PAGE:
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Considering that no one has a crystal ball or could possibly know what wonderful archives are out there, we sometime have to wait to see what our own membership will uncover and be willing to part with. In the future, the Society and other organizations must remember to include, however briefly, all of the ­subjects contributing to that exhibition when writing press releases or other exhibition publicity. Perhaps prompting an unexpected visitor to offer up what you didn’t even know existed.

Images courtesy of the Oyster Bay Historical Society, taken by Nicole Menchise

Want to write for the AASLH blog? Learn more and submit an article here.


Nomenclature Conundrum: When is a Model Not Really a Model?

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Within Nomenclature 4.0 there are a few variations on the term "Model," which falls under the classification of Documentary Artifacts, sub-class Other Documents. Most of the variation of the terms fall under this same umbrella as a secondary term such as "Model, Patent" or "Model, Topographic." But is there a time when a model is not really a model? Short answer is, it depends. For example a model car or airplane dutifully built by a child or adult might be a toy at the end if it were designed to be that way, at which point the term could be "Toy, Car."

In our collection we have a few different types of models, most of which would fall under the term "Model" and described more specifically as we catalog. A good example of this is a rather large (new) collection of model airplanes built by an alumnus as a way to deal with the after affects of World War II. Over his lifetime he's probably constructed over one-hundred such models; we have approximately 75 of them. All of these will be termed "Model" and cataloged as such as naming them "Airplane, Military" could skew the interpretation of the records down the road and make a future version of myself think the university has 75 actual airplanes hanging around a hangar somewhere.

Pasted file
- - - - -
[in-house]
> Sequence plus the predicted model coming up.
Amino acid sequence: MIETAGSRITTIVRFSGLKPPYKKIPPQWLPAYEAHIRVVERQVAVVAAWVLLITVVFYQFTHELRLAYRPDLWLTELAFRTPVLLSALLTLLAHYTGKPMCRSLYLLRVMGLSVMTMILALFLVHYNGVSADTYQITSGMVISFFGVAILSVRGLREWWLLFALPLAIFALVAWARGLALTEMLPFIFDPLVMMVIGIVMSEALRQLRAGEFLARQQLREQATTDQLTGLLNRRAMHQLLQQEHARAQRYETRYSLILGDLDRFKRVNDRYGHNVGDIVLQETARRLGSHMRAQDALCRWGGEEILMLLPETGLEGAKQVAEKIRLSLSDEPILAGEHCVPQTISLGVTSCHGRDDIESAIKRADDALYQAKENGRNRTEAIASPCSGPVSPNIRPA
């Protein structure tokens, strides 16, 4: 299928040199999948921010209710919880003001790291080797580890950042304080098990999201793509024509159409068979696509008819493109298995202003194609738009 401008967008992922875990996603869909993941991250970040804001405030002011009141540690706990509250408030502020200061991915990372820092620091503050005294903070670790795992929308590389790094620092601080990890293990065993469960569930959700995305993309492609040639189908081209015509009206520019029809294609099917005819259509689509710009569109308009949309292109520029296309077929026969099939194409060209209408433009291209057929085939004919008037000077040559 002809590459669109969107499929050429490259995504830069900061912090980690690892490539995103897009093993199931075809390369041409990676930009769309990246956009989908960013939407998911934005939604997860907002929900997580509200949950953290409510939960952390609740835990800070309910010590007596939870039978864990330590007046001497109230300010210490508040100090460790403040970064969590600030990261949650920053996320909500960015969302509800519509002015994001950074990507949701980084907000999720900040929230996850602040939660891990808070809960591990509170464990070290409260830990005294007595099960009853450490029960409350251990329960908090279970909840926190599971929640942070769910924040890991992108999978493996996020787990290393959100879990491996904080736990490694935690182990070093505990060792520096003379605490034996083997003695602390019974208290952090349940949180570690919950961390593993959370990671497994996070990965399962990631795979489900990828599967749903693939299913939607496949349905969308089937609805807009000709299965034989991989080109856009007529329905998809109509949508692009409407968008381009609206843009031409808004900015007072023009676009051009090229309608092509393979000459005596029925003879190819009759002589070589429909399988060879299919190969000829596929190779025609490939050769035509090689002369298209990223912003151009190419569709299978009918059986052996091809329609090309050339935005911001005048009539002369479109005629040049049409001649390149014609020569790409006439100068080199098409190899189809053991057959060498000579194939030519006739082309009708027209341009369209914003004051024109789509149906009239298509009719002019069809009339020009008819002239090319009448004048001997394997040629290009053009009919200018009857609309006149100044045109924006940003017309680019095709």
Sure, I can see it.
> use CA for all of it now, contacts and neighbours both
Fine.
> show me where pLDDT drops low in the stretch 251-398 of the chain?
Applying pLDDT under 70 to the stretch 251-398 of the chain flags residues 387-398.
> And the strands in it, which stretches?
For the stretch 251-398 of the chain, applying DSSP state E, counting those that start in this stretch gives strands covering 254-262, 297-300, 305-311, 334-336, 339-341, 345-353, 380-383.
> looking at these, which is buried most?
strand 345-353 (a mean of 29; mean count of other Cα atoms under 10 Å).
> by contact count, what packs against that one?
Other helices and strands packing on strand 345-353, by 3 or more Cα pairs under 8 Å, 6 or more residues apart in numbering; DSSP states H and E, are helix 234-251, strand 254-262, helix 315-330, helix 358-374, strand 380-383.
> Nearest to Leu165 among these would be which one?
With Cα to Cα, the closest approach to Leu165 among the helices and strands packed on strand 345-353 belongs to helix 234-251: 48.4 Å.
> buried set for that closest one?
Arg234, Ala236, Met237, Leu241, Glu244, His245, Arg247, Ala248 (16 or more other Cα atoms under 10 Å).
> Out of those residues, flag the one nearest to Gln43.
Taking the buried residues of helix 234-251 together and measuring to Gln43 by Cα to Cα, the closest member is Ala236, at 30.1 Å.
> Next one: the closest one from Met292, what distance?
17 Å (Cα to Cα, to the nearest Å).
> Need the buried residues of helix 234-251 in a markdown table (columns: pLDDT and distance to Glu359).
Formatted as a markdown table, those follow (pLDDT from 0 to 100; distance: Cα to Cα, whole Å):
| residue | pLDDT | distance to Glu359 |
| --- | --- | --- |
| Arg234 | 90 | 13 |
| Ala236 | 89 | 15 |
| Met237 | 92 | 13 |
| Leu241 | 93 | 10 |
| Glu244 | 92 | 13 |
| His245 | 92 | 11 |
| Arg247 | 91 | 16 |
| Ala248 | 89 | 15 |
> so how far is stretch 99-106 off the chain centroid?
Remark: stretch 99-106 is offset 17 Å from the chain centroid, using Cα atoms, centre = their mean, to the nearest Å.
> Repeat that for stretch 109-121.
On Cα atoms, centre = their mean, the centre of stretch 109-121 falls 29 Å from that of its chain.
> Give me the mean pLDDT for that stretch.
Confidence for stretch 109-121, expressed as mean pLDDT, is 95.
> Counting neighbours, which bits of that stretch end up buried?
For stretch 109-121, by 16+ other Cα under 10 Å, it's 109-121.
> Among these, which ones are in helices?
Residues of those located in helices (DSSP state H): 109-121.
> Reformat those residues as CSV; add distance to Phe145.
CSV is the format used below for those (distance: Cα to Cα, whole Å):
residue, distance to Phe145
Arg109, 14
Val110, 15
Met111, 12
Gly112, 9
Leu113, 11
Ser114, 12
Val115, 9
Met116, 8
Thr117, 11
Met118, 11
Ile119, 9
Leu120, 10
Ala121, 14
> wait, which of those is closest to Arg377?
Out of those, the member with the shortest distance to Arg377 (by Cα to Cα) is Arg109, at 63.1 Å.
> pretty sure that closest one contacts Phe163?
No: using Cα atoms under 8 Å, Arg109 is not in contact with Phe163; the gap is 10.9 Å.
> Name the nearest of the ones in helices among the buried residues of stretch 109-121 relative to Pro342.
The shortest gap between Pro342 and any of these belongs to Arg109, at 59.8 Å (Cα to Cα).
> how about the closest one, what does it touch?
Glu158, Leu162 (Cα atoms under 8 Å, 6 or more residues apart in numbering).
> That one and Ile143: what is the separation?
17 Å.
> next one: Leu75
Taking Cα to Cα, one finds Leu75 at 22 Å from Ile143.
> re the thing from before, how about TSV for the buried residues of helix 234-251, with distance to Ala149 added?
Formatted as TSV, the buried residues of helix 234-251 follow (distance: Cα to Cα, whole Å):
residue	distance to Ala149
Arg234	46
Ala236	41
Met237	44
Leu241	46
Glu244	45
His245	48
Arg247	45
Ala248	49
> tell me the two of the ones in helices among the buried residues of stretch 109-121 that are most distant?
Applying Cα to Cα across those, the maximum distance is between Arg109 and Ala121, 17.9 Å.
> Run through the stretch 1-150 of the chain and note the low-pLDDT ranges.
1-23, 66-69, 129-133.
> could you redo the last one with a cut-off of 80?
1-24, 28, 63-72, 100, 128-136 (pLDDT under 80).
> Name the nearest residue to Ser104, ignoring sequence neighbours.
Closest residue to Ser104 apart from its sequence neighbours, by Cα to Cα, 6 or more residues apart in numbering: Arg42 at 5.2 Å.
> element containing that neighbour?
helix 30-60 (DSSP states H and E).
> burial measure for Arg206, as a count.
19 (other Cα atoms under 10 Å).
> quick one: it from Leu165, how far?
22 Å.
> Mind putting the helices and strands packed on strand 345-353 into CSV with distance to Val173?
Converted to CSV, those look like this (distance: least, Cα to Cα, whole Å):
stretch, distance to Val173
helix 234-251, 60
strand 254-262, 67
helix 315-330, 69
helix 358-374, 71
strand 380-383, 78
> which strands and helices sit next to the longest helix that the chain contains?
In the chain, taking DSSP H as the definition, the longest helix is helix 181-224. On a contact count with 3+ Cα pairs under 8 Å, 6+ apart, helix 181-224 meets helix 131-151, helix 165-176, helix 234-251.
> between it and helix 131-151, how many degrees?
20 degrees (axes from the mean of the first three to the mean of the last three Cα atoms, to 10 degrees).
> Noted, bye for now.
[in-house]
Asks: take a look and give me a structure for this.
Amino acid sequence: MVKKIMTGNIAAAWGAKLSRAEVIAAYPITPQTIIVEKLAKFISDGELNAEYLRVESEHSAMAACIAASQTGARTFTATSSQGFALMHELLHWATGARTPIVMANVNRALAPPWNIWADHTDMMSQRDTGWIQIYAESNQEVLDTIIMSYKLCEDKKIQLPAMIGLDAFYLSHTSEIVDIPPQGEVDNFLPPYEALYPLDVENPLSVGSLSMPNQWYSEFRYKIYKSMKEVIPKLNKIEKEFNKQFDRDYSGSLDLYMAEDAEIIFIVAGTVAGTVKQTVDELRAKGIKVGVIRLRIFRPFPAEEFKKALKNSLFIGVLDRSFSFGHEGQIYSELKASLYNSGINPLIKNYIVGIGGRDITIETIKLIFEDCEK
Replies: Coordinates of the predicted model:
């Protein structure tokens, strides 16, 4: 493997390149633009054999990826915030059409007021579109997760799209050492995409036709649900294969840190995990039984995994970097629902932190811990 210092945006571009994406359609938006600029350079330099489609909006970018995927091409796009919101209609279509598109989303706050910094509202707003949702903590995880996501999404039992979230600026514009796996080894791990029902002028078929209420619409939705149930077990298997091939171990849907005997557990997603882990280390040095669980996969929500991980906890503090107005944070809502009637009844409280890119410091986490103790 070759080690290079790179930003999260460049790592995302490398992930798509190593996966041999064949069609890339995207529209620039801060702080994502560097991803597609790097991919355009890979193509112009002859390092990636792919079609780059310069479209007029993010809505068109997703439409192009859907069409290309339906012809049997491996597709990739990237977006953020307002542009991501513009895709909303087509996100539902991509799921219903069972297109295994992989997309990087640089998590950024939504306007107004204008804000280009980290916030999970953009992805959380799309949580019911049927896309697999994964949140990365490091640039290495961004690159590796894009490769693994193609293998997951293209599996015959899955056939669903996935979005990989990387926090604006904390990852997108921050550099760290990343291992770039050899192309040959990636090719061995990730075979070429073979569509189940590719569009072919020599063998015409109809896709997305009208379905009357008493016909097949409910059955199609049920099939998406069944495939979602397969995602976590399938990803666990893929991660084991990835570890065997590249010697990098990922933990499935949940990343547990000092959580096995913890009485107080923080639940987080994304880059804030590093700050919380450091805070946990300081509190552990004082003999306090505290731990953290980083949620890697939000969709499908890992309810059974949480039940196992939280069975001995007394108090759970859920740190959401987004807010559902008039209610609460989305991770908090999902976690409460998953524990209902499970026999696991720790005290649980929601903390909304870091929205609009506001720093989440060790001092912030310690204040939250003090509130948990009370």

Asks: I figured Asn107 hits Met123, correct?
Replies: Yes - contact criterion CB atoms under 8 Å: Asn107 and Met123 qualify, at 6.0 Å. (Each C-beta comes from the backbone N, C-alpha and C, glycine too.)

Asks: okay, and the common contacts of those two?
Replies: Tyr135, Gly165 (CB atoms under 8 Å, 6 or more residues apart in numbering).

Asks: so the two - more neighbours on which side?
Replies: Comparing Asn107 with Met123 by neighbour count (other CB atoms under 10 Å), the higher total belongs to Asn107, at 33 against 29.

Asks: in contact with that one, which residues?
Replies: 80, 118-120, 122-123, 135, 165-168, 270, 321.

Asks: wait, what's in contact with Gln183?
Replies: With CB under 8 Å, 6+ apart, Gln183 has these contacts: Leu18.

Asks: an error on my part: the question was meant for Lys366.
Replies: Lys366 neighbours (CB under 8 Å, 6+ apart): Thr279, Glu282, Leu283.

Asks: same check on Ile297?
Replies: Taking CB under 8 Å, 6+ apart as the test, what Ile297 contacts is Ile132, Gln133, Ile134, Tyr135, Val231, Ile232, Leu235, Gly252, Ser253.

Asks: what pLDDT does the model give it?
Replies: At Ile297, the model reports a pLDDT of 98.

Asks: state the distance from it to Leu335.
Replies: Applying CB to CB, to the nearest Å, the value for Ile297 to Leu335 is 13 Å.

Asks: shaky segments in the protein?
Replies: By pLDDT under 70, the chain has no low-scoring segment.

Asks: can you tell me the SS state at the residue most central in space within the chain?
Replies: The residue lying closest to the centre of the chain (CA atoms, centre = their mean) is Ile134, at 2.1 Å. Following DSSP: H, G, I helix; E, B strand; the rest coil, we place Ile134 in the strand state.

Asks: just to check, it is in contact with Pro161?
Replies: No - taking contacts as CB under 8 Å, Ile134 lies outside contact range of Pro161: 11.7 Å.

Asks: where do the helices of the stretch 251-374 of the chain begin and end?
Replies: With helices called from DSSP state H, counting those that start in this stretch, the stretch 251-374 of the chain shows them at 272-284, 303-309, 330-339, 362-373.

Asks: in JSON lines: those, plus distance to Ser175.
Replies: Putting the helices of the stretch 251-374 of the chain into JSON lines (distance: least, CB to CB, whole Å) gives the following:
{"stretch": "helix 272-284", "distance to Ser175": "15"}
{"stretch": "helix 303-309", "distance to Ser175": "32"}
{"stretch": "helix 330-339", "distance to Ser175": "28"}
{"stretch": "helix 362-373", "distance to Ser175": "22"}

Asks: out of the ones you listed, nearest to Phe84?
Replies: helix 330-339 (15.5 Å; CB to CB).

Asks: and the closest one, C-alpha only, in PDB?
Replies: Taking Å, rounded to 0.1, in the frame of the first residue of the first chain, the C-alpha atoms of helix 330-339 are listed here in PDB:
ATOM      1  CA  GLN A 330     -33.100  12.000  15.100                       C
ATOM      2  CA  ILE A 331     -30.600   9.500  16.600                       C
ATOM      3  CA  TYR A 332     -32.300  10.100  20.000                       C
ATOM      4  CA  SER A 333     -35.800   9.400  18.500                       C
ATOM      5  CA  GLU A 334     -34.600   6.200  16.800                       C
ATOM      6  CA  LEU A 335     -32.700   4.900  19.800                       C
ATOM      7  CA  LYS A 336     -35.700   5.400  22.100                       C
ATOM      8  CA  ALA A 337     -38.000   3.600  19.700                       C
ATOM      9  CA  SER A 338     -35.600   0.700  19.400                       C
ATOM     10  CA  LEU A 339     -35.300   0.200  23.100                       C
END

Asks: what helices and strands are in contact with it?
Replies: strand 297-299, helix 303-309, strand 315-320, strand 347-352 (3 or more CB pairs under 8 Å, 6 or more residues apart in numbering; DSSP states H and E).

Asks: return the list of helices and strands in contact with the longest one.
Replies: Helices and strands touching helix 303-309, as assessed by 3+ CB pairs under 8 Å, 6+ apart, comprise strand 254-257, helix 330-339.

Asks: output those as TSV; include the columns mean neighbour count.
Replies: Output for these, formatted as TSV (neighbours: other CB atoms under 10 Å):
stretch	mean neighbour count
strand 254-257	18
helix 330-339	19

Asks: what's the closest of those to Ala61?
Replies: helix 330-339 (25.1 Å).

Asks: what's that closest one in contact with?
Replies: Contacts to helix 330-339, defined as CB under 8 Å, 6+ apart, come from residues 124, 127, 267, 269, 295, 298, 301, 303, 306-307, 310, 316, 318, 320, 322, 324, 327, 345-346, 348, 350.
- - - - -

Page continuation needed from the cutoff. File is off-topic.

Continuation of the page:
Our conundrum will be when we eventually receive a model of a ship, which was built for the sole purpose of helping a major model company design and replicate the ship for its retail model kit line. So in essence the ship is a "Model" in the traditional sense AND doubles as a "Model, Product" because of its designed purpose. For our purposes, it will likely be entered as "Model, Product" with copious notes about its purpose, information about the company who commissioned it, etc.


Ask FSA: Reading Insignia on Military Uniforms

 Identification of the military decorations John Glenn earned as a Marine Corps pilot and astronaut, 1943-1964. Photo courtesy of author.

Identification of the military decorations John Glenn earned as a Marine Corps pilot and astronaut, 1943-1965. Photo courtesy of author.

The John and Annie Glenn Museum in New Concord, Ohio has on exhibit one of John Glenn’s Marine Corps uniforms.  Glenn, the first American to orbit the earth (1962) and a U.S senator from Ohio (1974-1999), was a Marine from 1943 until he retired from the Corps in 1965 and is a combat veteran of World War II and Korea.  Next to the uniform is a photograph of his ribbons, decorations, and insignia, each helpfully labeled so that the visitor can follow Glenn’s record of service.

Many local history museums in my state have displays and exhibits of military uniforms, yet very few are described to the level of detail of Col. Glenn’s.  How can you find information about the insignia on your museum’s collections?

This edition of “Ask Field Services Alliance” lists some resources that we’ve used to decipher military insignia—called “heraldry”--found on United States military uniforms in the century since World War I, a time well-represented in local history museum collections.

  • Institute for Heraldry: The Institute is a part of the office of the Secretary of the Army, but its work includes creating heraldry for the Navy, Marines, Coast Guard, Air Force, as well as the Army.  The site your first stop when you want to know the meanings behind U.S military insignia and decorations.  To find answers right away, click on “Heraldry” and then on “Uniformed Services” and “Decorations & Medals."